Libmonster ID: U.S.-1347


Doctor of Political Science


Doctor of Political Science

Saint Petersburg State University

Keywords: missile defense, USA, Middle East, security

The article analyzes the US policy in the Middle East on the creation of missile defense systems (ABM). The authors find out the motives that push Washington to create and / or support the efforts of its allies to deploy such systems, assess the current state of missile defense programs in the region, as well as possible consequences for the regional security system.

The creation of regional missile defense systems with the active participation or under the control of the United States began almost immediately after Washington's unilateral withdrawal from the 1972 ABM Treaty, which occurred in 2002. These actions were far from accidental, since the United States never stopped scientific research in this area-just remember Reagan's "Strategic Defense Initiative". And after the end of the Cold War, the view gradually prevailed in American military and political circles that the 1972 Treaty was outdated and bound the US initiative to consolidate global leadership. As a result, the missile defense issue is now virtually out of legal control, and the spread of such systems in various regions of the world can seriously change the military balance of power.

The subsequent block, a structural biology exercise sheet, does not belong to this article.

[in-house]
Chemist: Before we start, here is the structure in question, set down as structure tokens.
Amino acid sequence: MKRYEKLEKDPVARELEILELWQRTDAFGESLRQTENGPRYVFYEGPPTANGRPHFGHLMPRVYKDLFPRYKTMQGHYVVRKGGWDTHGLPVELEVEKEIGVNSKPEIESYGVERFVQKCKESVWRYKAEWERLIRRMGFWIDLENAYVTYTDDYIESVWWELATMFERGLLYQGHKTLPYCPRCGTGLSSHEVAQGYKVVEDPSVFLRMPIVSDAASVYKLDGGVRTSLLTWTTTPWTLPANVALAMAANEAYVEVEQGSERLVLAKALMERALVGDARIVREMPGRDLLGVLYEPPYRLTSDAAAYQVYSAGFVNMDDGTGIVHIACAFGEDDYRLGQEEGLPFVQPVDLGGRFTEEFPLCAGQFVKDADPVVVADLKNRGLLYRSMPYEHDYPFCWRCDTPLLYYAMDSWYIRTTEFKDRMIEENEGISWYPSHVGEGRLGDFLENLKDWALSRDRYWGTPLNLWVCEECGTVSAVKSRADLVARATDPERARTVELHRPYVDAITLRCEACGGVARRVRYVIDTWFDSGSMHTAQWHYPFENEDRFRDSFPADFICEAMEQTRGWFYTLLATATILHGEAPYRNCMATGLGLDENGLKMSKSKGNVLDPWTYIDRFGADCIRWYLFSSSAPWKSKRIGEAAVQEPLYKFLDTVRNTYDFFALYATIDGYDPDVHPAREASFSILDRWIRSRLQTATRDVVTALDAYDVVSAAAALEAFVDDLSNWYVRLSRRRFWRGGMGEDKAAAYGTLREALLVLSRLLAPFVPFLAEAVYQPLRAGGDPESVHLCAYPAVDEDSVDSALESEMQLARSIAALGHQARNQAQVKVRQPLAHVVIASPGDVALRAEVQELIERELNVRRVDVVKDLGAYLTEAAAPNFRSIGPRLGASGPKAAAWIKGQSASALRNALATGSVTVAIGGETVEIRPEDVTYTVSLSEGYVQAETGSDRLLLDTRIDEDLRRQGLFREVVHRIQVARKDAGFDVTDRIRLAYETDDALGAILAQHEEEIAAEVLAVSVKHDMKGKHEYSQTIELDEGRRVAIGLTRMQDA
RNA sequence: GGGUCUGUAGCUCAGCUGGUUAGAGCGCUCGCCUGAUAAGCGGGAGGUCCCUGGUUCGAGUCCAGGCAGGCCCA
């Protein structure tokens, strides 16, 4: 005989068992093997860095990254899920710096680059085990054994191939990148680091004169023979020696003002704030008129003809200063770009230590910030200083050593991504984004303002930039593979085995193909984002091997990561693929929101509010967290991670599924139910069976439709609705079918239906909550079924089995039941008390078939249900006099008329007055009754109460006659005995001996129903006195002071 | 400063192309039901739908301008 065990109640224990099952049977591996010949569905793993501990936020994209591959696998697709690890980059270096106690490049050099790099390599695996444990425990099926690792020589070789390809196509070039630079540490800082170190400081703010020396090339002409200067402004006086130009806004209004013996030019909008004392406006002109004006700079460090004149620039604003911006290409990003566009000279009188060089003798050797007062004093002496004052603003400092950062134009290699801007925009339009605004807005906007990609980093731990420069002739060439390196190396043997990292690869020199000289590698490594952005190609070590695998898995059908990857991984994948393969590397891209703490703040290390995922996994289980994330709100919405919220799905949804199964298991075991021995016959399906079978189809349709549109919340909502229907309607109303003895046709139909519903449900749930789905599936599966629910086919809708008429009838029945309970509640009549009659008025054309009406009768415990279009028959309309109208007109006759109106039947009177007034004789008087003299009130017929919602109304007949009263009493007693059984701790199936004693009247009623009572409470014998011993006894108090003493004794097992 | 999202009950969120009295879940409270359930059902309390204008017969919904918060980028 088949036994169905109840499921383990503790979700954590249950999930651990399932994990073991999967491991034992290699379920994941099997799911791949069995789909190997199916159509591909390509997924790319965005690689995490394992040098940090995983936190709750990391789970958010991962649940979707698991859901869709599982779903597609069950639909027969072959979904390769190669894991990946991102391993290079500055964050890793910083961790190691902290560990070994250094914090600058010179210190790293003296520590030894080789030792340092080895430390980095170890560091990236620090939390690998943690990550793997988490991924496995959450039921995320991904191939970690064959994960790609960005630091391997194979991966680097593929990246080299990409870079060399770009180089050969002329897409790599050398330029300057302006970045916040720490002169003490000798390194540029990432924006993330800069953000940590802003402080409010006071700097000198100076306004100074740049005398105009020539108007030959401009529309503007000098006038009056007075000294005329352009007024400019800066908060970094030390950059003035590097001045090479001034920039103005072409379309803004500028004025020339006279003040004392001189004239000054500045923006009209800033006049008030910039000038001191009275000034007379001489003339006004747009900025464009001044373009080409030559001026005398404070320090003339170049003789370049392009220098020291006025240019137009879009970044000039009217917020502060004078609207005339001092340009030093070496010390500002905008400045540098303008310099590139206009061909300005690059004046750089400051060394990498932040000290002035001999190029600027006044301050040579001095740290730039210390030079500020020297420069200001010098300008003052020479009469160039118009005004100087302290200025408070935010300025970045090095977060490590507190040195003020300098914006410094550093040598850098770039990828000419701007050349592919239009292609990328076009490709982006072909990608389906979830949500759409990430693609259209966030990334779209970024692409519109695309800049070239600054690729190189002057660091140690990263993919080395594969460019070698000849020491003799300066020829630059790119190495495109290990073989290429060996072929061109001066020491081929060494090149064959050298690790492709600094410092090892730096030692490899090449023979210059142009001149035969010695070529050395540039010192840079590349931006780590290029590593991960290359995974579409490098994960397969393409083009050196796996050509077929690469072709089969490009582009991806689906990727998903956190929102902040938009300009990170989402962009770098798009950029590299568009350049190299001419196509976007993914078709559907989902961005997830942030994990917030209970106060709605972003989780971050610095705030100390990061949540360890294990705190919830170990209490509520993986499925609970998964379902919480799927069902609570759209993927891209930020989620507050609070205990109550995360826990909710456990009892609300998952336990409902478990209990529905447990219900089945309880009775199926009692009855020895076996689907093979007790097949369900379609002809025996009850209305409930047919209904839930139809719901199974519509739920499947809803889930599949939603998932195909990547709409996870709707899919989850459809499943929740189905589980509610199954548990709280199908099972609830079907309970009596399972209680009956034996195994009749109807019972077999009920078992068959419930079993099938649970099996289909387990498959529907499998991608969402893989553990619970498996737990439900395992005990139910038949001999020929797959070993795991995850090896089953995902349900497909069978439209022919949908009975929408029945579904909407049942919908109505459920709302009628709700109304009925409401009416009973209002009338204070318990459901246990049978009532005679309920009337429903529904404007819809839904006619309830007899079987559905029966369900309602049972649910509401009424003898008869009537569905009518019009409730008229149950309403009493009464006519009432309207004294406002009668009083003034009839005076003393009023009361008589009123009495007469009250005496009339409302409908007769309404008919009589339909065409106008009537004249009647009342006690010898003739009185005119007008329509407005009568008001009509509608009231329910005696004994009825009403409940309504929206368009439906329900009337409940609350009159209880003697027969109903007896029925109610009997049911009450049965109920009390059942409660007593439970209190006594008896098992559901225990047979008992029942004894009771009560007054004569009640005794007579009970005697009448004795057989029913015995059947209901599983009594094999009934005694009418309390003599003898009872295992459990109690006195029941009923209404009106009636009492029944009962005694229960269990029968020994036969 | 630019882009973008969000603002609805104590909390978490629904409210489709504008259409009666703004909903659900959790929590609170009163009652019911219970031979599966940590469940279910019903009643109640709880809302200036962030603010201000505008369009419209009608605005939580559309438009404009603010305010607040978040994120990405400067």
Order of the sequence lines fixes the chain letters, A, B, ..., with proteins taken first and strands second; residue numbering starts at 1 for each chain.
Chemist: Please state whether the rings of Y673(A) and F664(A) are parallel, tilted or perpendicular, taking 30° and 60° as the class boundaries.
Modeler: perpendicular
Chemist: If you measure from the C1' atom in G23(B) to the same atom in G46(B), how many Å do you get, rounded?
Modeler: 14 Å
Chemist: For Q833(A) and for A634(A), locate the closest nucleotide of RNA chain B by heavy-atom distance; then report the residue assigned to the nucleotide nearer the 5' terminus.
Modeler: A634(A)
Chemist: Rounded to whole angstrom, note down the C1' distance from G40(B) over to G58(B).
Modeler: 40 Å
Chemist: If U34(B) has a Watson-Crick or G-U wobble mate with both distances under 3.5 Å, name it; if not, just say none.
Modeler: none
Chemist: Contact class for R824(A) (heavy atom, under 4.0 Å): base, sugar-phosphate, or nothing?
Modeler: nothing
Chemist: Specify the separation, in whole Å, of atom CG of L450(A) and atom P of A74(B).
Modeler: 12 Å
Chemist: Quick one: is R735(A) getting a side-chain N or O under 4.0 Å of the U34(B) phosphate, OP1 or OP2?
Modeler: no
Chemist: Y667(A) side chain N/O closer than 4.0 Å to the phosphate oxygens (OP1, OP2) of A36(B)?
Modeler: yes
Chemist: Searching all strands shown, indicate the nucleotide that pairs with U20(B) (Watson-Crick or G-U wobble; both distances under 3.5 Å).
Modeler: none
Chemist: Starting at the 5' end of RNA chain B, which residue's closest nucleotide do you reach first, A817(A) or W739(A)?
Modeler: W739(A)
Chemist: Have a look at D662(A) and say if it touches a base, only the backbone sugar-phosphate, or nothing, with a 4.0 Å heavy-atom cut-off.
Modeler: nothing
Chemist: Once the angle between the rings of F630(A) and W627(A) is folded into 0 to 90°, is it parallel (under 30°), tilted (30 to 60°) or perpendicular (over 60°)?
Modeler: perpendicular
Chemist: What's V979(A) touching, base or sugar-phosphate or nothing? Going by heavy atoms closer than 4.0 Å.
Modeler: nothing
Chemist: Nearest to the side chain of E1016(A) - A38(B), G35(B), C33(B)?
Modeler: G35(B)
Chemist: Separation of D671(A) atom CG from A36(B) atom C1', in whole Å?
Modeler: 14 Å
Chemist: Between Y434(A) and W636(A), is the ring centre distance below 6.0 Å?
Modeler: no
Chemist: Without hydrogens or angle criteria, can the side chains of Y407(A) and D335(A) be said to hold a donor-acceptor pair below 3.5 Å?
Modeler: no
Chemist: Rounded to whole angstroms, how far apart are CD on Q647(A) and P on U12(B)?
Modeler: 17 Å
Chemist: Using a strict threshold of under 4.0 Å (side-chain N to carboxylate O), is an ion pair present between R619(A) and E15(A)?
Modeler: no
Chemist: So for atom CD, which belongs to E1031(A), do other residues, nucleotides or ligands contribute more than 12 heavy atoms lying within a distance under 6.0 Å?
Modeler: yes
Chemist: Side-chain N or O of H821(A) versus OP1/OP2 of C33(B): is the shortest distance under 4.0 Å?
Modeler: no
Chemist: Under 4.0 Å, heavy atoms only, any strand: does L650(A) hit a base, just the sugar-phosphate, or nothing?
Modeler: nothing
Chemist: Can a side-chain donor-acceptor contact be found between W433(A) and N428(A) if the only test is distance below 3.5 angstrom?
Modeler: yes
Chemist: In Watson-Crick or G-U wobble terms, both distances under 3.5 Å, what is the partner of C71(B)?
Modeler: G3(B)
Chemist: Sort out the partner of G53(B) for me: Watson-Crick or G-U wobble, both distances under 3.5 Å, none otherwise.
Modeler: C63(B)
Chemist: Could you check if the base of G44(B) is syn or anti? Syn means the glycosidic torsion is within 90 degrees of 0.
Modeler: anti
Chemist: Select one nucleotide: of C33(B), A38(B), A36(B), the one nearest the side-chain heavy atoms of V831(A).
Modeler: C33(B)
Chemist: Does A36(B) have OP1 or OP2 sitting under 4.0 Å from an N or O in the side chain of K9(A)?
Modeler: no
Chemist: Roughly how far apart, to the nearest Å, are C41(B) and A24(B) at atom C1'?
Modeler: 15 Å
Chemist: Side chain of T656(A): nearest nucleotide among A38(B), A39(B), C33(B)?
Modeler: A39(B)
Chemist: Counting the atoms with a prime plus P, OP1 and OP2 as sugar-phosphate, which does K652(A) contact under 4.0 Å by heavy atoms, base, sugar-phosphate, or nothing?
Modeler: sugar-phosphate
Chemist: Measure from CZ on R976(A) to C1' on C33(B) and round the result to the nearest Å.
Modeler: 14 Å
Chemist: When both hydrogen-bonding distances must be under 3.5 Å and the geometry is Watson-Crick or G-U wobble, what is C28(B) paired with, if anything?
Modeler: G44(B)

In technical terms, the basis of the missile defense systems that the United States proposes to create in various regions of the world are mobile and transportable elements, which allows them to quickly move them to crisis regions of the world.

In particular, these are batteries of THAAD (Theater High Altitude Area Defense) mobile anti-aircraft missile systems (SAMs), used to intercept ballistic missiles in the final part of the trajectory (when entering the atmosphere). The complex is designed to combat short-and medium-range missiles, operates at altitudes of 30-150 km and at

page 18

ranges up to 200 km. The capabilities of the THAAD air defense system allow you to protect large objects - airfields, military bases, seaports, etc.

The Patriot-3 air-borne air defense system is designed to fight short-range missiles and cover up pinpoints. It is capable of interception at an altitude of up to 20 km and at a range of up to 45 km.

Mobile missile defense systems include sea-based SM-3 (Standard Missile) family of anti-missiles, which are installed on ships equipped with the Aegis combat information management system. Some modifications of these anti-missiles are designed to fight short-and medium-range missiles at a distance of up to 1500 km and at altitudes of 240-250 km. SM-3 targets can be not only rockets, but also low-orbit satellites. Ships equipped with Aegis have their own radar, so they can detect and destroy targets both independently and in cooperation with other missile defense systems.